A replicated, randomized, controlled study in 1993-2000 in a rainfed field near Madrid, Spain, found lower crop yields in plots with reduced tillage, compared to conventional tillage. Crop yield: Lower barley yields were found in plots with reduced tillage, compared to conventional tillage (3,061 vs 4,312 kg/ha). Methods: Conventional tillage or reduced tillage was used on 20 subplots each (10 x 25 m subplots). Barley-barley, barley-vetch, or barley-fallow rotations were used on the subplots. A mouldboard plough (30 cm depth) was used for conventional tillage. A chisel plough (20 cm depth) was used for reduced tillage. Barley was fertilized, but vetch and fallows were not. Herbicide was used when needed. Barley was sown in October and harvested in June. Soil samples were collected after harvest (0–90 cm depth; nitrogen was measured at 0–30 cm depth; phosphorus and potassium at 0–80 cm depth).

 

Soil: Use no tillage in arable fields Mediterranean Farmland

A replicated, randomized, controlled study in 1993–1997 in a rainfed barley field near Madrid, Spain (same study as (19,37,39)), found more organic matter, phosphorus, and potassium in soils with no tillage, compared to conventional tillage, but tillage had inconsistent effects on nitrogen. Organic matter: More organic carbon was found in soils with no tillage, compared to conventional tillage, in six of eight comparisons (8–11 vs 4–6 Mg/ha), but less was found in one of eight comparisons (6 vs 7 Mg/ha). Nutrients: More nitrogen was found in soils with no tillage, compared to conventional tillage, in six of eight comparisons (0.7–1.4 vs 0.4–0.9 Mg total N/ha), but less was found in one of eight comparisons (0.5 vs 0.6 Mg/ha). More potassium and phosphorus were found in soils with no tillage, compared to conventional tillage, in two of four comparisons (in 1997: 13–17 vs 7–8 kg extractable P/ha; 250–310 vs 150–190 kg extractable K/ha). Similar pH was found in soils with no tillage or conventional tillage (pH 7.8). Methods: No tillage or conventional tillage was used on four plots each (five 10 x 25 m subplots/plot, with barley monocultures or barley rotations). A mouldboard plough (30 cm depth) and a cultivator (10–15 cm depth, when needed for weed control) were used for conventional tillage. Pre-emergence herbicide was used for no tillage. The barley was fertilized (NPK: 200 kg/ha; ammonium nitrate: 200 kg/ha). Soil samples were collected after the harvest in 1994–1997 (0–90 cm depth; organic matter and nitrogen were assessed at 0–30 cm depth).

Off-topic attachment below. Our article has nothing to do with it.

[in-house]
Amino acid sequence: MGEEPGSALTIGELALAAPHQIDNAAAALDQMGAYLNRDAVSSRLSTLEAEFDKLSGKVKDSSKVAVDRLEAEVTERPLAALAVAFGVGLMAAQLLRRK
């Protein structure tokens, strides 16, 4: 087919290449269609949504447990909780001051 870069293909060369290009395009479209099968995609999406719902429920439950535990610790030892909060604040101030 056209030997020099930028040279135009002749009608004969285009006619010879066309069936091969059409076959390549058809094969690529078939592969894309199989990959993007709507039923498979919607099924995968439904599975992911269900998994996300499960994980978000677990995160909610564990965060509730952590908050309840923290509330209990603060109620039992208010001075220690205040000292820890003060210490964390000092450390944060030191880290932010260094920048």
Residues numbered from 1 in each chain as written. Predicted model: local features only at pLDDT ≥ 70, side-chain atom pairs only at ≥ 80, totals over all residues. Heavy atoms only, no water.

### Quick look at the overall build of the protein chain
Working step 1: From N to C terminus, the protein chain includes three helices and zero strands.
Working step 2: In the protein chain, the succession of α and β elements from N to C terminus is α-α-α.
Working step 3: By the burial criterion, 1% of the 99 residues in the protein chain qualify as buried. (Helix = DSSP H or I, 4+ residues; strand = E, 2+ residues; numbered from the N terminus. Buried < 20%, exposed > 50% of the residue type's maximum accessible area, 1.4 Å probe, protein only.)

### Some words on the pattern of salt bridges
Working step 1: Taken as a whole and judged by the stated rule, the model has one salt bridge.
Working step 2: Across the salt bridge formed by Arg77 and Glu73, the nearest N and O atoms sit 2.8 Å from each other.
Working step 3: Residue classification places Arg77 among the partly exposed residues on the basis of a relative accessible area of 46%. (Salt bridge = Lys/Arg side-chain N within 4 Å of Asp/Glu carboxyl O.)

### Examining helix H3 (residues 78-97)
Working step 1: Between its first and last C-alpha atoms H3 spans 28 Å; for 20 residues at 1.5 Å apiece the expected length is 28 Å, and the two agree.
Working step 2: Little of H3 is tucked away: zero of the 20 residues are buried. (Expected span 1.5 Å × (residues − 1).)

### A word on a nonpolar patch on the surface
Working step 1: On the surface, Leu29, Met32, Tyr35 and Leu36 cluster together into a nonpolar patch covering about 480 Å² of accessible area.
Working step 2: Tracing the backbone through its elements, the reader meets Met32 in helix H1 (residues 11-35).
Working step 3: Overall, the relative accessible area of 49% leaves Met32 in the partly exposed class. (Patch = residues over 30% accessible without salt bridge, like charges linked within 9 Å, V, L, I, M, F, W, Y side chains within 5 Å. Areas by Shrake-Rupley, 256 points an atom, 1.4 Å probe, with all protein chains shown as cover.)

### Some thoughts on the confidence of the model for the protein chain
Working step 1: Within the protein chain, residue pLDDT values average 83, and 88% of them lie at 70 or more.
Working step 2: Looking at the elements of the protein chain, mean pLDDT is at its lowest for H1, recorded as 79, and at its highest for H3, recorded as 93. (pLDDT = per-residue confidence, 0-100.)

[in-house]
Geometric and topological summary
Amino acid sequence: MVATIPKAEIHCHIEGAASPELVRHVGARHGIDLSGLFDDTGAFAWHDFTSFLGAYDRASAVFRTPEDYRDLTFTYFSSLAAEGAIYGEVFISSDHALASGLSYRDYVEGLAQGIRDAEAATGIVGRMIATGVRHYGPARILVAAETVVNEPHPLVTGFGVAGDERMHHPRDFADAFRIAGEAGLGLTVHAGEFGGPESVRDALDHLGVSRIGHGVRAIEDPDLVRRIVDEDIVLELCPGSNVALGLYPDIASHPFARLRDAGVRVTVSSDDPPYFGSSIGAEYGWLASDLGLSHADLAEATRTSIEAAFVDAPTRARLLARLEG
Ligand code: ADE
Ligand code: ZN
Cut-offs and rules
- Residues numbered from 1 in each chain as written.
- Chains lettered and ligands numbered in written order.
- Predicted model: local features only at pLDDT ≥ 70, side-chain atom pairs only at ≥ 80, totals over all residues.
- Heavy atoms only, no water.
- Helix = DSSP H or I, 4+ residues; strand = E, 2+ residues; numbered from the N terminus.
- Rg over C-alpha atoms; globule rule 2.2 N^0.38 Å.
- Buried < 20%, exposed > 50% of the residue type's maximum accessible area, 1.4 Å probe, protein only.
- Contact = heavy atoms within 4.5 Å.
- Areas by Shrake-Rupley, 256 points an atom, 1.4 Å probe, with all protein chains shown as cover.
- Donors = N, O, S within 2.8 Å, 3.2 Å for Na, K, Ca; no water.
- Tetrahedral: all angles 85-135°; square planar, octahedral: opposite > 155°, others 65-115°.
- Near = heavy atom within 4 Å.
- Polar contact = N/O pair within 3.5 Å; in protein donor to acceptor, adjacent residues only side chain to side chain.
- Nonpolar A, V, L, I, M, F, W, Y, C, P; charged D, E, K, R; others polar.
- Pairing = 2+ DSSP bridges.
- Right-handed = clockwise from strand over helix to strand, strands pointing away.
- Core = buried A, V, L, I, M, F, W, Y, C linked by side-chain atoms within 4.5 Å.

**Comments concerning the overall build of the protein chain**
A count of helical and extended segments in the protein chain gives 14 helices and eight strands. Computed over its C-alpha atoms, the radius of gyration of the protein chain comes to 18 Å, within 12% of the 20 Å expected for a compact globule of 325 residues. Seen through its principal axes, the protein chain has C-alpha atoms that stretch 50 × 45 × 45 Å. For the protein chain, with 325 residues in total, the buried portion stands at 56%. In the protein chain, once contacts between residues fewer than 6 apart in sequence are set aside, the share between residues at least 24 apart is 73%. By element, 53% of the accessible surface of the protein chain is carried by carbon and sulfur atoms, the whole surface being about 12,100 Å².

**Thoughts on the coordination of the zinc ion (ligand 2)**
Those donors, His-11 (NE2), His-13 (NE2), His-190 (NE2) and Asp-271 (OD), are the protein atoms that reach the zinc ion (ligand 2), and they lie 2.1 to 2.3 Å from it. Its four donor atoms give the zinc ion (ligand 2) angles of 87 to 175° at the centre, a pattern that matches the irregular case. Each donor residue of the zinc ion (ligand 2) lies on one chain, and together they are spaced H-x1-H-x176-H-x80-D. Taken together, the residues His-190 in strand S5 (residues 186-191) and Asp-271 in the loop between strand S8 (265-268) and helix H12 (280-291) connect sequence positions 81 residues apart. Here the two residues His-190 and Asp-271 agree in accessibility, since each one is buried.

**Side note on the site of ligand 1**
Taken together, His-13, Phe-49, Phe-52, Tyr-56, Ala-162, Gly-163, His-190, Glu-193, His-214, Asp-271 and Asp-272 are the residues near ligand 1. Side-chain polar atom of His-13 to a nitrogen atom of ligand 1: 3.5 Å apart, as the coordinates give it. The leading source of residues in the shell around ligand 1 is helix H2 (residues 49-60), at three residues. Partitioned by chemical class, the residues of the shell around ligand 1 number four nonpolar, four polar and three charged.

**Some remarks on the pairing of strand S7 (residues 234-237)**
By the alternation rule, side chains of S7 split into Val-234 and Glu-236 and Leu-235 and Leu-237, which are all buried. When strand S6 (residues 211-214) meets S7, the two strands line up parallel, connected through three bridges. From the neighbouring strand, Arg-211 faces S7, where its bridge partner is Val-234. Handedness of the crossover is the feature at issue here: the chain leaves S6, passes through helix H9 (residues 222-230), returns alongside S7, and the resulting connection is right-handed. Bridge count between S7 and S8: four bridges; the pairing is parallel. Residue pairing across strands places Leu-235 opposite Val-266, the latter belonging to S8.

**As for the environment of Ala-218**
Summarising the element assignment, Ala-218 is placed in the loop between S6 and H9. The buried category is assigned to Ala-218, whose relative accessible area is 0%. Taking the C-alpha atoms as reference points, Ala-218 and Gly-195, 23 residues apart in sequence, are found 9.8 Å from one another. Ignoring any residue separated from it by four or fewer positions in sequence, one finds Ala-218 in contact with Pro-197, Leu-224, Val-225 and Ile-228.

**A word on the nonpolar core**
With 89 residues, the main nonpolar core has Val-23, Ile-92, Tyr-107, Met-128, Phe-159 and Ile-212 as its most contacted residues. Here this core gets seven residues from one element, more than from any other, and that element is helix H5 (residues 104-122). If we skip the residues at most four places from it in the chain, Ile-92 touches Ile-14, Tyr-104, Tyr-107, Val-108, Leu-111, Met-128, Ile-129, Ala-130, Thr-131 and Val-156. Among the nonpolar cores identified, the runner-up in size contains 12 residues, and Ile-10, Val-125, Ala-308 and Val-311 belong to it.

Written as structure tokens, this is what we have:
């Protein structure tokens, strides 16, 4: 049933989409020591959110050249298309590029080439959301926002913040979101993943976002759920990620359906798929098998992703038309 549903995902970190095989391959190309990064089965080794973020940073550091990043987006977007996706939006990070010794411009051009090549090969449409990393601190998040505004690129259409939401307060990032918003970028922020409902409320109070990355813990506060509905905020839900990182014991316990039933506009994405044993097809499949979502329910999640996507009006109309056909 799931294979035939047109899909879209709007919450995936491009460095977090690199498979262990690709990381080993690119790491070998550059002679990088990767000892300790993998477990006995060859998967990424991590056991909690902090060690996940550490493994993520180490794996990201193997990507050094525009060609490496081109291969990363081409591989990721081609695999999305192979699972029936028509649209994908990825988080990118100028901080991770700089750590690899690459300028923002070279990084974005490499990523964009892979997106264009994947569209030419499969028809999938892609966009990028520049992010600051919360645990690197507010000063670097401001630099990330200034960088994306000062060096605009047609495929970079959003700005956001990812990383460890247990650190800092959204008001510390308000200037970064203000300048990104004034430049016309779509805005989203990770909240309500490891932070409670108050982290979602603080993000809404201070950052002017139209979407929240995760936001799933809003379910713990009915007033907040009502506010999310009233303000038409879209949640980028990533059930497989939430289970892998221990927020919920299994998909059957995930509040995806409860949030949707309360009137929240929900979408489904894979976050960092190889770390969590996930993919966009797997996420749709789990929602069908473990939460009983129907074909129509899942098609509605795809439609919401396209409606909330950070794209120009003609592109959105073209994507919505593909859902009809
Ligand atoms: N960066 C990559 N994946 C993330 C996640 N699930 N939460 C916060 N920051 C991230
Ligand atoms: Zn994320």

Soil: Use reduced tillage in arable fields Mediterranean Farmland

A replicated, randomized, controlled study in 1993–2000 in a rainfed field near Madrid, Spain, found more phosphorus and potassium in soils with reduced tillage, compared to conventional tillage, but tillage had inconsistent effects on nitrogen. Nutrients: More nitrogen was found in soils with reduced tillage, compared to conventional tillage, in six of eight comparisons (0.7–1.3 vs 0.4–0.9 mg/ha), but less was found in one of eight comparisons (0.5 vs 0.6 mg/ha). More phosphorus was found in soils with reduced tillage, compared to conventional tillage, in two of four comparisons in 1997 (12–13 vs 7–8 kg/ha). More potassium was found in soils with reduced tillage, compared to conventional tillage, in two of four comparisons in 1997 (230–260 vs 150–190 kg/ha). Similar pH was found in soils with reduced tillage or conventional tillage (pH 7.8). Methods: Conventional tillage or reduced tillage was used on 20 subplots each (10 x 25 m subplots). Barley-barley, barley-vetch, or barley-fallow rotations were used on the subplots. A mouldboard plough (30 cm depth) was used for conventional tillage. A chisel plough (20 cm depth) was used for reduced tillage. Barley was fertilized, but vetch and fallows were not. Herbicide was used when needed. Soil samples were collected after harvest (0–90 cm depth; nitrogen was measured at 0–30 cm depth; phosphorus and potassium at 0–80 cm depth).